You wouldn’t have been able to keep it a secret these days. Quite how he did it back then remains a mystery.
It was Liverpool vs Roma, March 2002, and back in that brief period when the Champions League had two group stages.
The Reds had sailed through the first one, but they were winless after five games of the second, drawing four of those to at least stay in with a shout. A muted shout, but a shout all the same.
Enter Fabio Capello’s Roma, the Italian champions and a side that looked to have wrapped up qualification when they beat Barcelona 3-0 earlier in the group.
All that Capello, Gabriel Batistuta, Francesco Totti and the Romans had to do was avoid losing by two clear goals at Anfield and they’d be through. And well, yeah, you know what came next. We wouldn’t be talking about here it if it didn’t.
But while now all of that ‘famous Anfield European night’ stuff might be tried, tested and a little bit tiresome to some given the recent successes under Jurgen Klopp, it was still pretty fresh for a new generation of Liverpool supporters at the start of this century.
Prior to the 2000/01 season the European successes had all been in books, but when Gerard Houllier’s team won the UEFA Cup to add it to a League Cup, FA Cup and eventual top three finish then something stirred.
Then it threatened to crash down in the most devastating manner.
The news that Houllier had been taken to hospital with a serious heart problem at half-time of a match against Leeds in October 2001 ripped through Anfield. At a time when the only thing you could do on your phone other than make calls was play Snake, misinformation spread rapidly.
Thankfully the Liverpool manager’s life was saved following a complex operation, and so began a period of convalescence in which he was regularly in touch with his assistant, Phil Thompson, who had taken over the reins.
Houllier spent much of his time away being desperate to come back, but Thompson performed admirably in his stead, even if a sticky run of results in the December and January severely dented title hopes.
Things began to get on track in the New Year, and the Reds were on a good run going into Roma’s visit, but many expected the superior experience of the Italians to win through, especially as star forward Michael Owen was out.
Then it happened.
Just prior to kick-off there was a stirring over by the tunnel, and there was Houllier emerging to be greeted by a genuinely warm embrace from a beaming Capello.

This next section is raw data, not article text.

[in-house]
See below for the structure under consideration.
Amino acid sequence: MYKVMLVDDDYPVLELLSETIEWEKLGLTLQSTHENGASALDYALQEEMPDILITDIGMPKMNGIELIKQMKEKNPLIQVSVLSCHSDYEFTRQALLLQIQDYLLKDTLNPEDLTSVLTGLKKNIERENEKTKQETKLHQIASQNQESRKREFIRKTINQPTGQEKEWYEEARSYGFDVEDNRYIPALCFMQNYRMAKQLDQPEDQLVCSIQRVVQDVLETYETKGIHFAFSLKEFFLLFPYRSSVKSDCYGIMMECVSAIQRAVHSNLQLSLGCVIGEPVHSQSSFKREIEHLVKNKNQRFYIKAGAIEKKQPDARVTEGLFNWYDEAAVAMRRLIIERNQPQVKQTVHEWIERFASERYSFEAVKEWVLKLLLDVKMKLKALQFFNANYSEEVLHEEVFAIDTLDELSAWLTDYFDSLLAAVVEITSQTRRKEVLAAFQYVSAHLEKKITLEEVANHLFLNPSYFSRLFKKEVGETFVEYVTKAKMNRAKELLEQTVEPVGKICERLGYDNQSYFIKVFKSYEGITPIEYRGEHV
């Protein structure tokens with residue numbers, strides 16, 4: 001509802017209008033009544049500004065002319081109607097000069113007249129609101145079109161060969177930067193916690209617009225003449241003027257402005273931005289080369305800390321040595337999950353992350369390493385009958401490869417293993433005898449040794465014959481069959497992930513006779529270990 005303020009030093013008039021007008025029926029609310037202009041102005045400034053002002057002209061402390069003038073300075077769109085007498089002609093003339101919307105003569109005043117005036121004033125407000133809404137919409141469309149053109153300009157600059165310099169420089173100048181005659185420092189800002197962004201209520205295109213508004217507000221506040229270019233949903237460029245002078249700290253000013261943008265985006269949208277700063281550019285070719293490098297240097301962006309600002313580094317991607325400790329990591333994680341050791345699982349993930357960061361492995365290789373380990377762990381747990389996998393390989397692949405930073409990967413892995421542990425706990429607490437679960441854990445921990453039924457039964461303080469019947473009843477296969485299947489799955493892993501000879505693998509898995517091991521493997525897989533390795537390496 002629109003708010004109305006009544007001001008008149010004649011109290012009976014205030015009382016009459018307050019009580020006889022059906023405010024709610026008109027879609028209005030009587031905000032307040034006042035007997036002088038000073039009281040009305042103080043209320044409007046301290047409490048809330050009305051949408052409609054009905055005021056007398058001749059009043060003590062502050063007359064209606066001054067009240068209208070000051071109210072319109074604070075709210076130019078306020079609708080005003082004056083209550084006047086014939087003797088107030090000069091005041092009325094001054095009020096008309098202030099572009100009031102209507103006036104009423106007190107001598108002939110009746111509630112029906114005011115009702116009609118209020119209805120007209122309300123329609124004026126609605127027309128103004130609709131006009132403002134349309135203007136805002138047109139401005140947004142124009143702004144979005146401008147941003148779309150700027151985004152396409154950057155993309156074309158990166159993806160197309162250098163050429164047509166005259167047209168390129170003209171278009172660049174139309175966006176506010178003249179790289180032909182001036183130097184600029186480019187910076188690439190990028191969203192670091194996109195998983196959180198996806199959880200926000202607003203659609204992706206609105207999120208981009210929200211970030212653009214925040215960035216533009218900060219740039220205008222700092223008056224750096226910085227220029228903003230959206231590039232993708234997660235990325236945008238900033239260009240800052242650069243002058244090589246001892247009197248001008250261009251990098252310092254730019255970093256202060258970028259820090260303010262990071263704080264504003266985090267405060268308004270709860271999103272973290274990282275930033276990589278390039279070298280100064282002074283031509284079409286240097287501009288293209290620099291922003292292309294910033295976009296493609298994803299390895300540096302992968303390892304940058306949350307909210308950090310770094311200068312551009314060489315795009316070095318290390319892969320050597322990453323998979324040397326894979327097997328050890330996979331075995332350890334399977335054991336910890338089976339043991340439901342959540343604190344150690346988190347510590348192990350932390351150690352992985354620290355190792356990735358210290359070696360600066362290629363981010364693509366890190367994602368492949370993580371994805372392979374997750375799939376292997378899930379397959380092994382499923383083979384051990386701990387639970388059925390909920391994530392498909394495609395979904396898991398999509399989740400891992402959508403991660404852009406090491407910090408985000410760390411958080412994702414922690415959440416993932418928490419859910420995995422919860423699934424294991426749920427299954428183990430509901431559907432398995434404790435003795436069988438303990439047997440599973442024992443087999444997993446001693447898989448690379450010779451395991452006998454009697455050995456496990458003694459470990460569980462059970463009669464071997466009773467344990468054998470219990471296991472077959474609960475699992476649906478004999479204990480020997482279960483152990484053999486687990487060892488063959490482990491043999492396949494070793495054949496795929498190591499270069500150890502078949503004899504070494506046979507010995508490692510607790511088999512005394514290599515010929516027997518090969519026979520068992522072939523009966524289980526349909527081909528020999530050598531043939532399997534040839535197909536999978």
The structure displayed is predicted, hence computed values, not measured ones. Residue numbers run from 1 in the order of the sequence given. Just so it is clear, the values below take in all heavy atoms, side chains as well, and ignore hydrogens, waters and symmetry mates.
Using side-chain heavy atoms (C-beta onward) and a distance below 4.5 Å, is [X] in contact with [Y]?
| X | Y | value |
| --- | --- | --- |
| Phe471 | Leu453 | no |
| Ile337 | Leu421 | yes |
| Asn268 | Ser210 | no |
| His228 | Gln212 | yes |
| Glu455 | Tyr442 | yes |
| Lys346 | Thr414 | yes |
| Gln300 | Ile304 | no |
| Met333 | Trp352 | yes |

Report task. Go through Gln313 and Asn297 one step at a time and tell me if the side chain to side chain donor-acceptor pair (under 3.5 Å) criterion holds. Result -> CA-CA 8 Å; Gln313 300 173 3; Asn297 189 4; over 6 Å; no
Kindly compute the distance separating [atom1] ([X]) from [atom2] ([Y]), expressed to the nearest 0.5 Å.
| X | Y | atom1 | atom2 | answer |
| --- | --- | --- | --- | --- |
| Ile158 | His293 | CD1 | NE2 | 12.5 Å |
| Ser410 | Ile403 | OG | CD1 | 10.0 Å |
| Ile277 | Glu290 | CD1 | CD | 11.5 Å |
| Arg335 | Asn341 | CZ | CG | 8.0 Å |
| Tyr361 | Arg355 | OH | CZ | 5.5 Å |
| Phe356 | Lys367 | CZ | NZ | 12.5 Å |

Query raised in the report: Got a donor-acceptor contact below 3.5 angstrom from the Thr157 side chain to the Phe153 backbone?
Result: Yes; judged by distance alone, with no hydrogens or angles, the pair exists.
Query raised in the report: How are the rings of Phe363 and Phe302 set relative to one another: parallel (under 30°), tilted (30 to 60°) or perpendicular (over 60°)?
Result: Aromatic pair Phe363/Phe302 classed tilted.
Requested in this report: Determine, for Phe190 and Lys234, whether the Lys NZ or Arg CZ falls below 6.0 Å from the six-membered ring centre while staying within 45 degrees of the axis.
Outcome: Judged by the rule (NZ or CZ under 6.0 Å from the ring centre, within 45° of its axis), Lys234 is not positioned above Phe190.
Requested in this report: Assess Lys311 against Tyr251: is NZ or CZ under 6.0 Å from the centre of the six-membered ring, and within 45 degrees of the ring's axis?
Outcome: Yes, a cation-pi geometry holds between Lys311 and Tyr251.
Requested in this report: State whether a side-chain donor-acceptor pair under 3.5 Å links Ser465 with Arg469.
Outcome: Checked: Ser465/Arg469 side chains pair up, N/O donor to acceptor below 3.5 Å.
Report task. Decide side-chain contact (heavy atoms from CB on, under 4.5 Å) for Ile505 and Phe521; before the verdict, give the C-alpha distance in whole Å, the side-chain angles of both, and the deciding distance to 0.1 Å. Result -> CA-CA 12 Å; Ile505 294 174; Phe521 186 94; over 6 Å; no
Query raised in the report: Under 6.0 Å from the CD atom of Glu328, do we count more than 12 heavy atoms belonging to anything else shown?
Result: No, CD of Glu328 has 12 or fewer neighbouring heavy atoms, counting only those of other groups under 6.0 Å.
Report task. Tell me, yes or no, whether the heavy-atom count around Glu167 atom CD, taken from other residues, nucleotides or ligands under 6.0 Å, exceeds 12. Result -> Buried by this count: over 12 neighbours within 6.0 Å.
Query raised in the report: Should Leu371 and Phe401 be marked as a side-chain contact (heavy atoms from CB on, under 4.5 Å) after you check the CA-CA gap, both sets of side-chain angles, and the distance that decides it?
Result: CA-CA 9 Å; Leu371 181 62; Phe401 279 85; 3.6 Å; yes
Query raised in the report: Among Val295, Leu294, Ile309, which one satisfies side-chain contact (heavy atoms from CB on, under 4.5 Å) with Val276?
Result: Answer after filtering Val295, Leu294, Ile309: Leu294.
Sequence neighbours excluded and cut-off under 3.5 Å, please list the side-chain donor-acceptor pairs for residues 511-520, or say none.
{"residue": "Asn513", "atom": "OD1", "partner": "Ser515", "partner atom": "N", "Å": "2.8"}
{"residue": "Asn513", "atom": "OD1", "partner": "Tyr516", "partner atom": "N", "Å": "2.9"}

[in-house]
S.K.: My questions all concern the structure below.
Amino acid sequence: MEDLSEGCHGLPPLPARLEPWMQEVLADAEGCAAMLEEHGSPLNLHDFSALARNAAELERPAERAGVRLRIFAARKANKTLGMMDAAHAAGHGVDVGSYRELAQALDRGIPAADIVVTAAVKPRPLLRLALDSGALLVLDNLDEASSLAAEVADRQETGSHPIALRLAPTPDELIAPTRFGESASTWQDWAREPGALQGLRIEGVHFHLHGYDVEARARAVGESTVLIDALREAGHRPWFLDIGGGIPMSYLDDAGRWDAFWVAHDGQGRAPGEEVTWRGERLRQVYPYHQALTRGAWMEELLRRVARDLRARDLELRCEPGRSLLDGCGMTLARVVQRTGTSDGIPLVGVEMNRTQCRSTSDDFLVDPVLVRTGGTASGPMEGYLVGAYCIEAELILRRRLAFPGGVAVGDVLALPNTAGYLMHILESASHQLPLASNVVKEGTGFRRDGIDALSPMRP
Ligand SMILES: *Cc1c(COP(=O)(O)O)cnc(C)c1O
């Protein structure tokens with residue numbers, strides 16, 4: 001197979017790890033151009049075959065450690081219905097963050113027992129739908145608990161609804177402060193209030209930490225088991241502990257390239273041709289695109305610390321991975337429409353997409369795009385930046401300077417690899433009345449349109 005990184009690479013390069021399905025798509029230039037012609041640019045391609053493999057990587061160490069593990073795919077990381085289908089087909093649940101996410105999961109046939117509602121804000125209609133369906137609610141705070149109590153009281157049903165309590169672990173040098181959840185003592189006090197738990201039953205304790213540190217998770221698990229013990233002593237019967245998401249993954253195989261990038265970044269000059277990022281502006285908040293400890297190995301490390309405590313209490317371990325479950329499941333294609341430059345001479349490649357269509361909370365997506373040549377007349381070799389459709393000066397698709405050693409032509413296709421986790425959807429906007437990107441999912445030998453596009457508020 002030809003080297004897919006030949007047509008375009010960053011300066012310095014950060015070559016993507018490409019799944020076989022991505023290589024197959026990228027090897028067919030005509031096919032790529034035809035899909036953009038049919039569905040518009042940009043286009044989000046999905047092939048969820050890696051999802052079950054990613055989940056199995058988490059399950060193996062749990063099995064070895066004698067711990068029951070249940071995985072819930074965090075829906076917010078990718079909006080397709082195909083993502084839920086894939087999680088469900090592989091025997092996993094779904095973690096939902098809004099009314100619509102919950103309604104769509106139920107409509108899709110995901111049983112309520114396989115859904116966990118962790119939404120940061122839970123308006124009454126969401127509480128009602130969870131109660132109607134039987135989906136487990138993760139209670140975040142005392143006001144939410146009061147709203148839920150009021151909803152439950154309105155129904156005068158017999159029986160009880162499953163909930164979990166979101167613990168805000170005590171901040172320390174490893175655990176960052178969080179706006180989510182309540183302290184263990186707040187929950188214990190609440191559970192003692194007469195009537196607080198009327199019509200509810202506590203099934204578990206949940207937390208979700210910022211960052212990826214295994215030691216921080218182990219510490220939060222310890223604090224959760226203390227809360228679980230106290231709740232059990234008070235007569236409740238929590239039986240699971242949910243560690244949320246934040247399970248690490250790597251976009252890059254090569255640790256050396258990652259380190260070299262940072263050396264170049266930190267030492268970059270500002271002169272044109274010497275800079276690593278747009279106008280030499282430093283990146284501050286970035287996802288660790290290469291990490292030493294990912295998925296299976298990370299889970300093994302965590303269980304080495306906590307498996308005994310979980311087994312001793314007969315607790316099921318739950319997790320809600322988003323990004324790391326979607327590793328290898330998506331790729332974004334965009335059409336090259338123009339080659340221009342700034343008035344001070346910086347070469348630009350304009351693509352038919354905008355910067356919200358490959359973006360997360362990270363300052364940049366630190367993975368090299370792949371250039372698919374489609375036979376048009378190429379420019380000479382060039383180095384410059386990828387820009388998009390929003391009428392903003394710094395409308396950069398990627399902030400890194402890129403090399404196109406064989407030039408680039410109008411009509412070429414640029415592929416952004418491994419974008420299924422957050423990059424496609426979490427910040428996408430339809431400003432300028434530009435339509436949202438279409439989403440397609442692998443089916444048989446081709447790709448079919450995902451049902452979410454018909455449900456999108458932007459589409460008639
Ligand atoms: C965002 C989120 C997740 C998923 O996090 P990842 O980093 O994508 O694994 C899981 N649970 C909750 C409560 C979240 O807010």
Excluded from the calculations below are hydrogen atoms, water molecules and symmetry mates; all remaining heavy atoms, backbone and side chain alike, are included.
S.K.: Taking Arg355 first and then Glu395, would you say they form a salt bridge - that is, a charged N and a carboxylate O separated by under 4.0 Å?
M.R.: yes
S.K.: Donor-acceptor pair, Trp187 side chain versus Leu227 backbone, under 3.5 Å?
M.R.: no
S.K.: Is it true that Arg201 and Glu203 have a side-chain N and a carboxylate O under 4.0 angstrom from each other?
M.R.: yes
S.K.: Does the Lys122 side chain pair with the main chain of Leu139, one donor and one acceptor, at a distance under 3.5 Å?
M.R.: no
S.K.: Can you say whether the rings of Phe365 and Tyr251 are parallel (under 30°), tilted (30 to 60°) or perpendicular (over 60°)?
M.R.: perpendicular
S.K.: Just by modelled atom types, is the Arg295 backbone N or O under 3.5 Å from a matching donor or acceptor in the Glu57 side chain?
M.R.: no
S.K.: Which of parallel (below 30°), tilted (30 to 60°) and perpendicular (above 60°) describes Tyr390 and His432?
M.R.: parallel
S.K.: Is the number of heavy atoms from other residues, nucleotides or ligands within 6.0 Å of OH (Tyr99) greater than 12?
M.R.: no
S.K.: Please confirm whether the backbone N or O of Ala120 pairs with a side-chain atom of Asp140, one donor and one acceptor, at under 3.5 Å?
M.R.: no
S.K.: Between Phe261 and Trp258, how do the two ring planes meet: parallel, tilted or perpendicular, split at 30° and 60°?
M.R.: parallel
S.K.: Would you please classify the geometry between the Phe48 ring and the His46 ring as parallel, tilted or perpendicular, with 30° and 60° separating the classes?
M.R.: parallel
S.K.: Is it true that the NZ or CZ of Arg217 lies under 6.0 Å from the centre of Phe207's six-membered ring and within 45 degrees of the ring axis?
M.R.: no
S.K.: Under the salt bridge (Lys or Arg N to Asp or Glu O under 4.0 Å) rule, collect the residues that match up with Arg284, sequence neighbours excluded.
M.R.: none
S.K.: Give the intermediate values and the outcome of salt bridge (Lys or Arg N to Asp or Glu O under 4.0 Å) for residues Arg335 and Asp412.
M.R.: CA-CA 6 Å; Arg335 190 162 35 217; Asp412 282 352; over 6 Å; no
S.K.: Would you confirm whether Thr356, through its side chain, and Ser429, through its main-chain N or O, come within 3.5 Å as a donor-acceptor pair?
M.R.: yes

It took all four sides of Anfield a while to fully realise it was him, but soon his name was bouncing off the walls. He was back after five months away.
Looking thinner, and a little overcome at times, Houllier was in his manor. A sense that Liverpool would surely now do the decent thing washed over everyone, including Roma.
And it took just seven minutes.
Danny Murphy had been tripped in the box allowing for Jari Litmanen to stroke home from the penalty spot, with Houllier remaining calm in the dugout as bedlam swirled around him.
The second arrived just after the hour mark, with Murphy’s swirling free-kick met by the most emphatic of headers from Emile Heskey at the Kop end.
Two-nil. Exactly the scoreline Liverpool needed. Exactly the impact Houllier had wanted.
“If I had let people know two days before that I was back, all the articles would’ve been about me and my illness, my comeback – I didn’t want that,” said Houllier earlier this year.
“I wanted everybody to be really focused on the Roma game because we needed to win 2-0.”
And that they did.
Liverpool saw it out to advance to the quarter-finals, with a reserved Houllier left beaming at the full-time whistle.
Was the decision to come back made a little hastily? Was he really healthy enough? In truth it had probably got to the point where no-one was going to stop him.
“All I remember is that when I went on the pitch, nobody knew but Capello saw me and he hugged me for a long time,” continued Houllier.
“He said later on, ‘I knew that when you came back that it would be difficult.'”
Difficult for him, spine-tingling for those who were there.
Houllier’s secret return will never be forgotten.